A Virgin Australia flight dispatched, operated, and handled entirely by women has touched down at Brisbane Airport as a symbolic gesture to mark International Women’s Day.
The 737-800, VH-YWD, departed Melbourne at 8:34 am as flight VA313 and landed at 9:22 am. It featured an all-female flight and cabin crew and an all-female pit crew at both ends.
Additionally, the flight plan was drawn up by a female dispatcher, weight and balance were performed by a female load controller, and support was provided by female airport safety and ATC staff.
In all, over 20 women participated in more than 10 different roles for the flight, said Virgin Australia’s chief people officer, Lisa Burquest.
“This flight is a celebration of all the incredible women who continue to pave a path for future generations to pursue a career in this exciting and dynamic industry, and I am thrilled to see it come to life in collaboration with our partners.
“Behind every aircraft in the sky, there is a highly-skilled team working together to ensure passengers get to their destinations safely, and for this flight, every one of these roles is carried out by women,” she said.
Lorie Argus, CEO of Melbourne Airport and the first woman to take up the role, said the flight was a demonstration that women could “forge meaningful and rewarding careers” in aviation.
“There are plenty of diverse and exciting career opportunities spanning airports, airlines and air traffic control, from engineering, maintenance and safety positions, pilots, and cabin crew to corporate and commercial roles.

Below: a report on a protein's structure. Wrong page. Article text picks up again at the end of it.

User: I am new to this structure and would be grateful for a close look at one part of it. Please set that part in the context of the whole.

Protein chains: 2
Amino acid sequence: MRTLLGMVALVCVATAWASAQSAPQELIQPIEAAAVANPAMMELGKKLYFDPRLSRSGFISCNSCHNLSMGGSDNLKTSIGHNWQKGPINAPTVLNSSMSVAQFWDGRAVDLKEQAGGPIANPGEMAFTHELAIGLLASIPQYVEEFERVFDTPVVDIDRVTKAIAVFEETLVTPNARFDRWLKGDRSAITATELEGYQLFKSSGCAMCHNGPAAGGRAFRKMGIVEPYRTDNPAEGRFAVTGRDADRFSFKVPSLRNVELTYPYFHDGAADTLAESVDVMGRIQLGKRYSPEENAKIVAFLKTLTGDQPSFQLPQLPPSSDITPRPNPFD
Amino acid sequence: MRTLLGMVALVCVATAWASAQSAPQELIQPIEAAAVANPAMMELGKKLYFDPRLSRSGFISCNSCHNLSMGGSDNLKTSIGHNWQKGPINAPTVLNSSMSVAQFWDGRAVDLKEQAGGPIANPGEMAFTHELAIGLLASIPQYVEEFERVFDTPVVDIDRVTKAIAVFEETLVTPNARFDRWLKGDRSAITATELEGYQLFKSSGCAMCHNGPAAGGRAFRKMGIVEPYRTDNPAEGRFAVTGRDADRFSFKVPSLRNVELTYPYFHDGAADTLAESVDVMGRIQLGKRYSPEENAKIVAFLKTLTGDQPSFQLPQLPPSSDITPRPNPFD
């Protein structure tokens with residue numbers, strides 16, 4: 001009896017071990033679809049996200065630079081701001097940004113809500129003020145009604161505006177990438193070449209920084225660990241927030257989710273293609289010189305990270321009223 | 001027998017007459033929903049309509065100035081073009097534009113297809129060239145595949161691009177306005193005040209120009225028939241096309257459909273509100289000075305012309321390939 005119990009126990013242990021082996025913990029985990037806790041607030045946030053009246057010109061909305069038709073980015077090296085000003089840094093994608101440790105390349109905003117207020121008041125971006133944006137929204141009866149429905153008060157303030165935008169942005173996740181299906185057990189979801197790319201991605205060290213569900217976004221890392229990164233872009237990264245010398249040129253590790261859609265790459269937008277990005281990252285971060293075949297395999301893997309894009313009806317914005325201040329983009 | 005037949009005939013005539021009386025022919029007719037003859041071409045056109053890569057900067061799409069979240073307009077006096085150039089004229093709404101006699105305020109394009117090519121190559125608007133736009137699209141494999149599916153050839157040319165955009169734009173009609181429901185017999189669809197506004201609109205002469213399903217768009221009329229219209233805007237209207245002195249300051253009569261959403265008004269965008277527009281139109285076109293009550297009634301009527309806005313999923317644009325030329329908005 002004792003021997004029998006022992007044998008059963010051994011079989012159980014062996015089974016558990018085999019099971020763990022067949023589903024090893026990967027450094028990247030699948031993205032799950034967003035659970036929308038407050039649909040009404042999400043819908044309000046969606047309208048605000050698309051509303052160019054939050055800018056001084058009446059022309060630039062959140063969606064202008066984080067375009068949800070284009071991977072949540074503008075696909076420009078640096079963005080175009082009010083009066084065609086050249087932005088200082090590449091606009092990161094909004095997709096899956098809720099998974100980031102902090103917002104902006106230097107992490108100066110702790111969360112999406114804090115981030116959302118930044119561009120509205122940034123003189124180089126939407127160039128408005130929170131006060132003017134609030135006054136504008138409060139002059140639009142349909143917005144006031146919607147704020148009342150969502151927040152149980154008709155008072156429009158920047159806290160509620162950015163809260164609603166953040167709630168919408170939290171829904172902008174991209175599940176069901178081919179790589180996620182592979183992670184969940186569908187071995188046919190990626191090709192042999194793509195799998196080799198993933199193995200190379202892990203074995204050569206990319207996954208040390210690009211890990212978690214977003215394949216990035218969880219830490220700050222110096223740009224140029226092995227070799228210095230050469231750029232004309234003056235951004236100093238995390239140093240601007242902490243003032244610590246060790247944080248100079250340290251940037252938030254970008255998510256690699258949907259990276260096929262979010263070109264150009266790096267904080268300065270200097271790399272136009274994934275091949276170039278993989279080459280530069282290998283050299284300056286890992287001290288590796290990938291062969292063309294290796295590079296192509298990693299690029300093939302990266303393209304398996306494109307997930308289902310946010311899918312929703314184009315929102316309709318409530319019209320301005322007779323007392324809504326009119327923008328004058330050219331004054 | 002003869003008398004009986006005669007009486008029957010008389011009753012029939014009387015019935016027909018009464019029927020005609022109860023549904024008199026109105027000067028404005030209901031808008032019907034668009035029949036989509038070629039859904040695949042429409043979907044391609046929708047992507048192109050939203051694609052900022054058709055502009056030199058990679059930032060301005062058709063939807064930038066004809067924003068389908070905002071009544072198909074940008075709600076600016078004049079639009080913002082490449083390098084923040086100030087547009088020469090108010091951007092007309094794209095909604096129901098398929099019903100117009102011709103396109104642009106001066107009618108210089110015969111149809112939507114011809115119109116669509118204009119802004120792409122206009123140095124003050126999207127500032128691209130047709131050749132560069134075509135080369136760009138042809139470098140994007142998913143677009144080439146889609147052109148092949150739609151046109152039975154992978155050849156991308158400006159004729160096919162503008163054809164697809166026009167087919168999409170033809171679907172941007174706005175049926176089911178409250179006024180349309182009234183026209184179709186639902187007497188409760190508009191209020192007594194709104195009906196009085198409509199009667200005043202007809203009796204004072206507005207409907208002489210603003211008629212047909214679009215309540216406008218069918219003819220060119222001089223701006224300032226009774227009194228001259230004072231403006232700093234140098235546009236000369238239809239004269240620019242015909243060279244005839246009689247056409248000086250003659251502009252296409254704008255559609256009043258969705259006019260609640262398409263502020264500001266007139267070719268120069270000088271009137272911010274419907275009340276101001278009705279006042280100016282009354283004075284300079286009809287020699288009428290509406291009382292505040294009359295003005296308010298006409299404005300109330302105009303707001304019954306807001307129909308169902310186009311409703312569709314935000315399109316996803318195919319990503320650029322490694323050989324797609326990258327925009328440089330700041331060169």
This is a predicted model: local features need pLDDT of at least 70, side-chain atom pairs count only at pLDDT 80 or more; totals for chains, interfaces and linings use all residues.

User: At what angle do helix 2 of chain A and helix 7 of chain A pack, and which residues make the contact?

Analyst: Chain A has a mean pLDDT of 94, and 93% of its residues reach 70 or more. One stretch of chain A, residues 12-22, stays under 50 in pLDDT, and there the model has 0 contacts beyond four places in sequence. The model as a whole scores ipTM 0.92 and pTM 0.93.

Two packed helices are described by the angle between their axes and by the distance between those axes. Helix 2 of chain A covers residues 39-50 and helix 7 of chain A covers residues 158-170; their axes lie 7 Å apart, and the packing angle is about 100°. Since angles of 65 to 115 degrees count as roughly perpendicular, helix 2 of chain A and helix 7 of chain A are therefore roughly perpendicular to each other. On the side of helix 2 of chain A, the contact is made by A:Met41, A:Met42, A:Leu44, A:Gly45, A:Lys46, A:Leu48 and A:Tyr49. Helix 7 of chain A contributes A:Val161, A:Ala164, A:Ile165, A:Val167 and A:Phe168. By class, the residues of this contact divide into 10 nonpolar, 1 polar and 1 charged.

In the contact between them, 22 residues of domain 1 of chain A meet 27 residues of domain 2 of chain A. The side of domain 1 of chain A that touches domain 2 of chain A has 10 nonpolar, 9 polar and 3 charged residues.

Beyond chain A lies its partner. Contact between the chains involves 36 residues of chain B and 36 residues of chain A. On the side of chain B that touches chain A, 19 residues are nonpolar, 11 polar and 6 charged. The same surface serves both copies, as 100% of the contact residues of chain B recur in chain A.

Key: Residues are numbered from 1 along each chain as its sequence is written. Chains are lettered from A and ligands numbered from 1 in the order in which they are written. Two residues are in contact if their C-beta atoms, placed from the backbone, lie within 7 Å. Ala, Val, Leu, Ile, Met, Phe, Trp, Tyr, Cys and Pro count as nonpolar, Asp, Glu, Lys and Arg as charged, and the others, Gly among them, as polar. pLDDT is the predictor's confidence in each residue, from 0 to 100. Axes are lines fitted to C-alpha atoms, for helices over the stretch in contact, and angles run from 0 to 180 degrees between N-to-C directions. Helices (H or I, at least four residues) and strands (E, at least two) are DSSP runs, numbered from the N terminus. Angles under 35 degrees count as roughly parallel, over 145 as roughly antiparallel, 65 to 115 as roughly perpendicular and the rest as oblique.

“I’ve personally spent more than 30 years in air travel, it’s such a multifaceted industry, and as aviation returns to full strength, I really hope today’s flight encourages more women to consider working in the sector,” she said.
The subject of gender quotas has seen some debate within the industry; Deborah Lawrie, Australia’s first female pilot at a major commercial airline, who in the 1970s famously won a 10-month legal battle against Ansett’s refusal to hire women as pilots, told Australian Aviation in 2021 that quotas are “attacking [the issue] from the wrong end”.
“They need to go to the other end and encourage women to get in the industry in the first place. By virtue of getting more applying, you’ll get more who are competitive with the guys.
“If there were more emphasis on it being a possibility as a career for a female, you’d get more applying anyway,” she said.
Virgin Australia has committed to the IATA’s “25by2025” initiative, with the aim of increasing women in senior and underrepresented roles by 25 per cent, or up to a minimum of 25 per cent, by 2025.